OK to get naturalized players, says analyst


Posted at Feb 09 2014 07:39 PM | Updated as of Feb 10 2014 03:39 AM

MANILA, Philippines – Getting naturalized citizens to play for a national basketball team is just part of the globalization of the sport, according to longtime PBA commentator Joaquin “Quinito” Henson.

This is why there’s no need to react negatively about the proposal to get the NBA’s Javale McGee and Andray Blatche naturalized, he said.

Henson pointed out that even Gilas Pilipinas’ competitors in Groub B at the FIBA Worlds have naturalized citizens in their rosters.

“In the Philippines’ bracket, the naturalized players from opposing teams are Croatia’s Dontaye Draper of the College of Charleston, Puerto Rico’s John Holland of Boston University, Senegal’s Louis Adams of South Carolina State and Greece’s Giannis Antetokounmpo of Nigeria. A naturalized player who may be activated for Puerto Rico instead of Holland is Richard Chaney,” Henson said in his Philippine Star column Sporting Chance.

“Only Argentina won’t enlist a naturalized player because the national team is overloaded with talent like Manu Ginobili, Luis Scola, Carlos Delfino, Pablo Prigioni and Andres Nocioni,” he added.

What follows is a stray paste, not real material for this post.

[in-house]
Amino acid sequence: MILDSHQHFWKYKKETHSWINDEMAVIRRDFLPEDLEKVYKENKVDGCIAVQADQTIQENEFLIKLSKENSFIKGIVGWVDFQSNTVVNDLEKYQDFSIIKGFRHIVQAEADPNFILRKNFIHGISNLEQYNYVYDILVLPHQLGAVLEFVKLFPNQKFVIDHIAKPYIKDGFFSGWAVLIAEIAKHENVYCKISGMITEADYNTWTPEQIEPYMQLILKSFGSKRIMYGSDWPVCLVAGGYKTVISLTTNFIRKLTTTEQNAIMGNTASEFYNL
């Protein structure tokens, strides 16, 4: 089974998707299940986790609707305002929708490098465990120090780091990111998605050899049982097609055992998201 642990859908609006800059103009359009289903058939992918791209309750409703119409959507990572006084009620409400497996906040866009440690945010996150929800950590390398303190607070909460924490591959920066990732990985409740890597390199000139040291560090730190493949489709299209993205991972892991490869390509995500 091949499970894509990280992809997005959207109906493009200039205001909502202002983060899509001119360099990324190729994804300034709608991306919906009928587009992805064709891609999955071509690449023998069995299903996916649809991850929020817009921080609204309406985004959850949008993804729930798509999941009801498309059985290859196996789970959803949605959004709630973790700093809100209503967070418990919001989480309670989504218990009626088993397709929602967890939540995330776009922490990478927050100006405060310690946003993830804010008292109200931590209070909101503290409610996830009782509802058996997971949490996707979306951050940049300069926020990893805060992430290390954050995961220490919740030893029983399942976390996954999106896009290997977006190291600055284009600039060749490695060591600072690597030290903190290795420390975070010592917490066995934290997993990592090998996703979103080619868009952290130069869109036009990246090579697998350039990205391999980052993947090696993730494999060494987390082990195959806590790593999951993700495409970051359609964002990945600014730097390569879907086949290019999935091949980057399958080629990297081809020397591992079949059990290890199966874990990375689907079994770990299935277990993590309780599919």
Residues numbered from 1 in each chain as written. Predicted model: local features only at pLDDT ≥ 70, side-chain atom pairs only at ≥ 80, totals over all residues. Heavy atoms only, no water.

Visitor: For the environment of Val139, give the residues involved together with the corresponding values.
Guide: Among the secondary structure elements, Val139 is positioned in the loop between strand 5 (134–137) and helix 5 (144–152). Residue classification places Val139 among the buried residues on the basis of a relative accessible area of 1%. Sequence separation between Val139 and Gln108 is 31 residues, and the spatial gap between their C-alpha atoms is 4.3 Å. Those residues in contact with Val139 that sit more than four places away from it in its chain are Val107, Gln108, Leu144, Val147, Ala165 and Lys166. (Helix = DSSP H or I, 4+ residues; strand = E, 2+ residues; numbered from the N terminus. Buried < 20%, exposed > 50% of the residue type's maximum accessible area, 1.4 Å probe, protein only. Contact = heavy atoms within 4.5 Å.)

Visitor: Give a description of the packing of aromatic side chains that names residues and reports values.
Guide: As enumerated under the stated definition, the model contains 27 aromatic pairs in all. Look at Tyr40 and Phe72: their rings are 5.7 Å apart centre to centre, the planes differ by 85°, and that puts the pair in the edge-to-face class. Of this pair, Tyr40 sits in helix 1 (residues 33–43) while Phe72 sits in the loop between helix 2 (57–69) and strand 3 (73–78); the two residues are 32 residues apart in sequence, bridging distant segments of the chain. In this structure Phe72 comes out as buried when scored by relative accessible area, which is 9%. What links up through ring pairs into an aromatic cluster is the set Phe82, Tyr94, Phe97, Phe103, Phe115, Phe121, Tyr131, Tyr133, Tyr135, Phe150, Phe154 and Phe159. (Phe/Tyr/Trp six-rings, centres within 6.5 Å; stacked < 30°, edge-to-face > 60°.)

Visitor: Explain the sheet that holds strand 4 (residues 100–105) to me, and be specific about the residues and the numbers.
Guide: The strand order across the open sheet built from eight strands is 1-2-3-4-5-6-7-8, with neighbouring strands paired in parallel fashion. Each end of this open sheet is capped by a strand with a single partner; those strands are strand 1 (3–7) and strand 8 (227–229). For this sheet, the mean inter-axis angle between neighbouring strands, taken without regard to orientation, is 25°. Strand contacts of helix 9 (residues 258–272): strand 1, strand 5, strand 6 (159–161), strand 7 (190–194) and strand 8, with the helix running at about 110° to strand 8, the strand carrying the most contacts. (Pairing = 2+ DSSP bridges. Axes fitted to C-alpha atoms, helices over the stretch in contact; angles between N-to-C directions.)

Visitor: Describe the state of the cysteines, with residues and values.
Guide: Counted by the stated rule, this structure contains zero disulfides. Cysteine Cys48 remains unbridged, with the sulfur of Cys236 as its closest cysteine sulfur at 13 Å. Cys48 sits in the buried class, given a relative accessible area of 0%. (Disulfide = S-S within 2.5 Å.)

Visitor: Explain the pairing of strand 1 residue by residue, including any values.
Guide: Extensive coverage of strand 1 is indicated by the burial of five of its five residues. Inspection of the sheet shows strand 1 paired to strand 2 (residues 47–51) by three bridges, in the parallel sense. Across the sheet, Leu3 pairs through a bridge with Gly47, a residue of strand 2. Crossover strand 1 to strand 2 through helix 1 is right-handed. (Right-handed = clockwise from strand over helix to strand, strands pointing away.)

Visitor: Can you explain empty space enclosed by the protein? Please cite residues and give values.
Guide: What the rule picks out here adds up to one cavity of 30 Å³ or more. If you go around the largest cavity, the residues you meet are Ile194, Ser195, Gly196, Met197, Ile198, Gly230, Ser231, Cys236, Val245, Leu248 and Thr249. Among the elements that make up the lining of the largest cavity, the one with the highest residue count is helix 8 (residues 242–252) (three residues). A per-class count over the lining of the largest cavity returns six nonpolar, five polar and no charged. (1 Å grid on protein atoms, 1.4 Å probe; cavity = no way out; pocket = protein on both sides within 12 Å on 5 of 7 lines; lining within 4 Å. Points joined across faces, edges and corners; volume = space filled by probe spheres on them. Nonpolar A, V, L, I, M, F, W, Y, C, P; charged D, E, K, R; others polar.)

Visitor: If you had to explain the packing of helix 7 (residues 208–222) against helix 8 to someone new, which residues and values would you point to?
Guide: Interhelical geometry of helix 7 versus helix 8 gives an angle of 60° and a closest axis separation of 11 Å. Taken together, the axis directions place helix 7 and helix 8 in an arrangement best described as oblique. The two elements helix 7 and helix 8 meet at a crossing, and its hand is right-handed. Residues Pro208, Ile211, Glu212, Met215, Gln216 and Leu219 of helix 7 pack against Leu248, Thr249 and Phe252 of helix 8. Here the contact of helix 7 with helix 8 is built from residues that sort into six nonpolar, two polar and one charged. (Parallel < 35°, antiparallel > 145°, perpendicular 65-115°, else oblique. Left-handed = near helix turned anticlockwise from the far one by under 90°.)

Henson noted that back in the 1980s, FIBA even allowed competing teams to field two naturalized players. Today, each team can field only one naturalized player per tournament.

Gilas Pilipinas currently has Marcus Douthit.

Antipolo City Rep. Robbie Puno recently filed House Bill 3784 and House Bill 3783 seeking the naturalization of Denver Nuggets’ McGee and Brooklyn Net’s Blatche.

Puno is hoping that the two would be included in the Gilas pool so the team will have more options for the FIBA Worlds.

The Philippines also tapped naturalized players during past FIBA tournaments, Henson said, noting that back in the 1980s, tghe country had two naturalized players at the 1985 FIBA Asia Championship.

“At the 1985 FIBA-Asia Championships in Kuala Lumpur, the Philippines coached by Ron Jacobs won the title behind two naturalized players Jeff Moore and Dennis Still," the popular sports analyst said.

"Chip Engelland was then serving residency and would’ve been eligible to play for the national squad in 1987. At the Jones Cup in 1985, the Philippines won over the US in overtime with Moore, Still and Engelland because the Taiwan tournament wasn’t supervised by FIBA and allowed an unlimited number of imports,” he added.